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Can A Baby Sleep In A Vibrating Bouncer?

A popular question from first-time moms is, “can a baby sleep in a vibrating bouncer?”. Knowing what to do and what not to do with babies can be a little frustrating sometimes. From their feeding to clothing and even their sleeping area and sleeping position needs extra attention. 

Babies generally need to be handled with extra caution since they are still very tender and developing, not strong enough to withstand a certain stress level.

Baby bouncers are one of the many gadgets mothers, and expectant mothers buy for their babies. They are eager to get their babies all the beautiful things they need for pleasure and comfort. Due to the soothing effect of vibrating bouncers, babies love to stay in them and sometimes sleep off.

Since pediatricians have advised against waking sleeping babies, mothers are usually caught between allowing their babies to sleep in the vibrating bouncer and taking them to their crib. Transferring them to the crib might cause them to wake up. Hence, the question: can baby sleep in a vibrating bouncer?

Pediatrics journal in 2019 revealed that annually, roughly 3700 infants undergo sleep-related infant death, making it a dominant factor of postneonatal infant mortality (that is, child death within 28days- 1year old). The same source stated that out of 11,779 infant sleep-related deaths, 348 (3%) happened in sitting gadgets. Therefore, there is a valid need for concern about where a baby should or should not sleep.

To begin, let us understand the primary function of baby bouncers. Bouncers, also known as bouncy chairs, are designed to hold your little one in place when they are alert, and you have to busy yourself with something else.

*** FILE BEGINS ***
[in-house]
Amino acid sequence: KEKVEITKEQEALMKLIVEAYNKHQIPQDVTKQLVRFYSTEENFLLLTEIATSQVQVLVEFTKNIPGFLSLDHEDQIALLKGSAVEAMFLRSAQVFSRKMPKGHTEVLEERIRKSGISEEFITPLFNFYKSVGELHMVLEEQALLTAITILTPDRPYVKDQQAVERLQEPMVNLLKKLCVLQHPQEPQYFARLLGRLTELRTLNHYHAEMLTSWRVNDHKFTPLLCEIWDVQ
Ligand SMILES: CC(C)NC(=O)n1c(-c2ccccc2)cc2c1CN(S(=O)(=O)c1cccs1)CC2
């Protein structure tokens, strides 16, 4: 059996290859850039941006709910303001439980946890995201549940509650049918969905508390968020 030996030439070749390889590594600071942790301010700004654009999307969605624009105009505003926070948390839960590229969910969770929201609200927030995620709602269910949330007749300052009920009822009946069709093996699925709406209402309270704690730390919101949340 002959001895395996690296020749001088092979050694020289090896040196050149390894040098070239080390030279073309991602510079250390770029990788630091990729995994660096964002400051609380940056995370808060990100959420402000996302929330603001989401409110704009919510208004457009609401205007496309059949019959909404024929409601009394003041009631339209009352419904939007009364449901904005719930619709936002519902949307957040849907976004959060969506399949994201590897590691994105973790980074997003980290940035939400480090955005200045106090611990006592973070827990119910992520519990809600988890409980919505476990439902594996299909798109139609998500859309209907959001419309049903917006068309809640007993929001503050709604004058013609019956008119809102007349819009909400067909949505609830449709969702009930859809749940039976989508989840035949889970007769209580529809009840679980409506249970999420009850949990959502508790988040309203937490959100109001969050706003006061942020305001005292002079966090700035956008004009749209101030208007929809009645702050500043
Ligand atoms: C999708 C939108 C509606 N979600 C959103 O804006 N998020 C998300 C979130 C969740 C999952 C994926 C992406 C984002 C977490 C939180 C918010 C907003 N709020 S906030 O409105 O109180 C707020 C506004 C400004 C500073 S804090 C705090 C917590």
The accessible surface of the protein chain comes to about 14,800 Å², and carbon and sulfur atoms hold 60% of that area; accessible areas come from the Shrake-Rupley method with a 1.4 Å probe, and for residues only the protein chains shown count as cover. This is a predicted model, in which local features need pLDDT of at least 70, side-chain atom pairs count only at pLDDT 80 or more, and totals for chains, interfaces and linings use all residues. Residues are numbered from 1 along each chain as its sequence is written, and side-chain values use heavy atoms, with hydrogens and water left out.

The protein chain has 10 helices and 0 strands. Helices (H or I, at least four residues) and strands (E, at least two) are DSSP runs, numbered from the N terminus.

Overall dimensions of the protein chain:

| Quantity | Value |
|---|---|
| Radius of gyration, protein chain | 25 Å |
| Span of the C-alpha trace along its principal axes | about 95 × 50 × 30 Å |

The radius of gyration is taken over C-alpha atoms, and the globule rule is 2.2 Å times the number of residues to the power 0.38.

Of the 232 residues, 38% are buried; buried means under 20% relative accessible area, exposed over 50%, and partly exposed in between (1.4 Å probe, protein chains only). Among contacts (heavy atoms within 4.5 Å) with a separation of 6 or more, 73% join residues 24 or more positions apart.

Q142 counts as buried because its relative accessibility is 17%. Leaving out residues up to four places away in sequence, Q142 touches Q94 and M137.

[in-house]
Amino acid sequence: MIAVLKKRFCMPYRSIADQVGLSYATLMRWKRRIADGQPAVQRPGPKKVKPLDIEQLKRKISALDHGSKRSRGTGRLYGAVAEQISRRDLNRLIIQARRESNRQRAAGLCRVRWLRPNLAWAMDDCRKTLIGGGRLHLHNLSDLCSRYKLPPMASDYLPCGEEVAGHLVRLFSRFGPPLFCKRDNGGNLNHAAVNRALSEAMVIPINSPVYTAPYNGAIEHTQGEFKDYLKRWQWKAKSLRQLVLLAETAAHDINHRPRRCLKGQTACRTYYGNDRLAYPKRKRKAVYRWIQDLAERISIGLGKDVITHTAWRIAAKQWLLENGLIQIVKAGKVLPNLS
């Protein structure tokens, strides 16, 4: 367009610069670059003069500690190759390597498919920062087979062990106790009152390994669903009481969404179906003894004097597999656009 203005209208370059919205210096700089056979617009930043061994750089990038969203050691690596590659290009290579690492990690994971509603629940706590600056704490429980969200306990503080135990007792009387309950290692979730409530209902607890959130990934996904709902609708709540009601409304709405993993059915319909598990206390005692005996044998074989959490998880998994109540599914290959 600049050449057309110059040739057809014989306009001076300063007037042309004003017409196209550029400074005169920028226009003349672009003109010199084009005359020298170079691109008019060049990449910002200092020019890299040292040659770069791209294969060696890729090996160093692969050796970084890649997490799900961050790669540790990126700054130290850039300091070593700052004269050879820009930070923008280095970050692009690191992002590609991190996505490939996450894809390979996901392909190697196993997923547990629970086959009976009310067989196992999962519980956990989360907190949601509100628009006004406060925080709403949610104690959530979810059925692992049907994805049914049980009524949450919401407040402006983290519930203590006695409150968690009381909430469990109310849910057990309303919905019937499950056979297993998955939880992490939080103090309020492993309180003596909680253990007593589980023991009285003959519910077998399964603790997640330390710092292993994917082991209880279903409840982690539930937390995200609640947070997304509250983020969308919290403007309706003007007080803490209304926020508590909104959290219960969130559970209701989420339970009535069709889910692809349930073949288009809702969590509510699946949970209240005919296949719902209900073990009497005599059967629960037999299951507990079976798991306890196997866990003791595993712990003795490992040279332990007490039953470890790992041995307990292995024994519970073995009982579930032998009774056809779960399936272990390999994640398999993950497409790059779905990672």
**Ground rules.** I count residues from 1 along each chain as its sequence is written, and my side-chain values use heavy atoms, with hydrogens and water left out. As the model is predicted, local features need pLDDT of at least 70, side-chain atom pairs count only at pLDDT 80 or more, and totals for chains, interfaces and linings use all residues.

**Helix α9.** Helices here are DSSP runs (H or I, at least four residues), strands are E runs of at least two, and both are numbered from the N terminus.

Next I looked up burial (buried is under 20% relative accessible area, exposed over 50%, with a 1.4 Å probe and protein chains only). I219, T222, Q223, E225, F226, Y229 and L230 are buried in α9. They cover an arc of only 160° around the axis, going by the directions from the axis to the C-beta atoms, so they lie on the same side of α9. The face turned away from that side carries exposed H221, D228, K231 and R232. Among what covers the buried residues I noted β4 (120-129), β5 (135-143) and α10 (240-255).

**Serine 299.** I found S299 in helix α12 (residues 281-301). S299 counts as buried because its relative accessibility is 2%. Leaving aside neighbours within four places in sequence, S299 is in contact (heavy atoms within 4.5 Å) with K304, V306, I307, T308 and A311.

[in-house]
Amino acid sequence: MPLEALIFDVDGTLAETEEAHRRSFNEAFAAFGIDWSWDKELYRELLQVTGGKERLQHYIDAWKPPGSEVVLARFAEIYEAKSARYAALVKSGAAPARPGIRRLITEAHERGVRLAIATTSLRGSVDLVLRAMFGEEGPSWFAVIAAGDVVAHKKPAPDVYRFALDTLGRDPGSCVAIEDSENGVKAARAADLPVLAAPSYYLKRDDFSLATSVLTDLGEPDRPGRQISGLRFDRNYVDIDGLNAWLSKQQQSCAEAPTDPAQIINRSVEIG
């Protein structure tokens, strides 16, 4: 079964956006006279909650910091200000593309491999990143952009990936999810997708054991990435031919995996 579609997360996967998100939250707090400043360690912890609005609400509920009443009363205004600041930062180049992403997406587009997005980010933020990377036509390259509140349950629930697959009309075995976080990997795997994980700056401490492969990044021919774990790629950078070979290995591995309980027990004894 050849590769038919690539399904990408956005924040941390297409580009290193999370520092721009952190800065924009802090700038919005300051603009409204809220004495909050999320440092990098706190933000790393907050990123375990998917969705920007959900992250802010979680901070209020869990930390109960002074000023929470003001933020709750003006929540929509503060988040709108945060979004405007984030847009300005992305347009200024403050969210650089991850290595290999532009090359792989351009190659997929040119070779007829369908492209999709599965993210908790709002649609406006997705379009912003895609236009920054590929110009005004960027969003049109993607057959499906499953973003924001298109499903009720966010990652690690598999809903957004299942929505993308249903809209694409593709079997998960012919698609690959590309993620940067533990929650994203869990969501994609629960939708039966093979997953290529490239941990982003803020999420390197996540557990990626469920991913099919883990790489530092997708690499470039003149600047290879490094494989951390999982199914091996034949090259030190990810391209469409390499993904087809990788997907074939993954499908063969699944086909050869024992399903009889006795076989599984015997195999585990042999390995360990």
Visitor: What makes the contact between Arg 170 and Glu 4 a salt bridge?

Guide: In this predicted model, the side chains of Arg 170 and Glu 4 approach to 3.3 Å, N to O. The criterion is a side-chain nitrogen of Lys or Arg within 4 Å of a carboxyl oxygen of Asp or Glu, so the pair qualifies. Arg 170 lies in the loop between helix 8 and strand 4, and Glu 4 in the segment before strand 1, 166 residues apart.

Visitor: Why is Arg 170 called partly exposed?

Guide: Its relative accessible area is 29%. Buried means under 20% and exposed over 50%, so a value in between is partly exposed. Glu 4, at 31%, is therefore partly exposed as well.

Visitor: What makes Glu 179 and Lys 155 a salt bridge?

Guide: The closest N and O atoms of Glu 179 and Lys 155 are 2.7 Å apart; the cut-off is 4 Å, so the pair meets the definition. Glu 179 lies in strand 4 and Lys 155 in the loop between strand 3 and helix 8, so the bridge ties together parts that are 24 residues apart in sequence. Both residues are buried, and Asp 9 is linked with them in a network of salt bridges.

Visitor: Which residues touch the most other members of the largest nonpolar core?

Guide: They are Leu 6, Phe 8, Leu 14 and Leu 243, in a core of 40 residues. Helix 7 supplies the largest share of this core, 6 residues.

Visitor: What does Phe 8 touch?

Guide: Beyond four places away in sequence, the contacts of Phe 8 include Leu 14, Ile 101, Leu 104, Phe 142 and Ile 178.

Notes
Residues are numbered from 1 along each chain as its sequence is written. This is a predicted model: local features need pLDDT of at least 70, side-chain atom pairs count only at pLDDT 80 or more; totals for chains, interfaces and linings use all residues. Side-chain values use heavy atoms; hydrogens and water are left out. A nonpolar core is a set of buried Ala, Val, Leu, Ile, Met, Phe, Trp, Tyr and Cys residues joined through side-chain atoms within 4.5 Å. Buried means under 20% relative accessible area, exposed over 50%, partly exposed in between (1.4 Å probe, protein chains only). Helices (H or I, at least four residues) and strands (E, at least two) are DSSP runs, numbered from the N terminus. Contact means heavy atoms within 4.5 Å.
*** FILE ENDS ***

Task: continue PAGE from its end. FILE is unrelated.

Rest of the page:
You can also use their bouncers to hold babies down when you want to feed or play with them. Also, vibrating bouncers are used to calm them when they are cranky. This calm feeling often leads to their dozing off, but the bouncer was never made to take the place of a crib.

If, at this point, you still need a direct answer to the question, “can a baby sleep in a vibrating bouncer?” The answer is NO except for unavoidable reasons and under close supervision. 

It is not advisable because when the baby is asleep, you are tempted to leave the baby unsupervised to do other things you couldn’t do while awake. 

Leaving the child in such a position alone can be hazardous. Some implications of leaving a baby to sleep in a bouncer are;

  • Positional Asphyxia: Asphyxia is a medical condition in which there is inadequate oxygen supply to the body due to abnormal breathing. Positional asphyxia occurs when the baby's positioning limits the baby’s breathing. Bouncers are usually inclined between 30°-45° to the vertical, which is not a very safe position for a newborn because their necks are not strong enough to hold their heads in place. The fragile neck may cause the head to drop forward, thus obstructing their breath. Also, bouncers come with straps meant to hold the babies in place. When babies are left unsupervised, the strap may suffocate them, baby.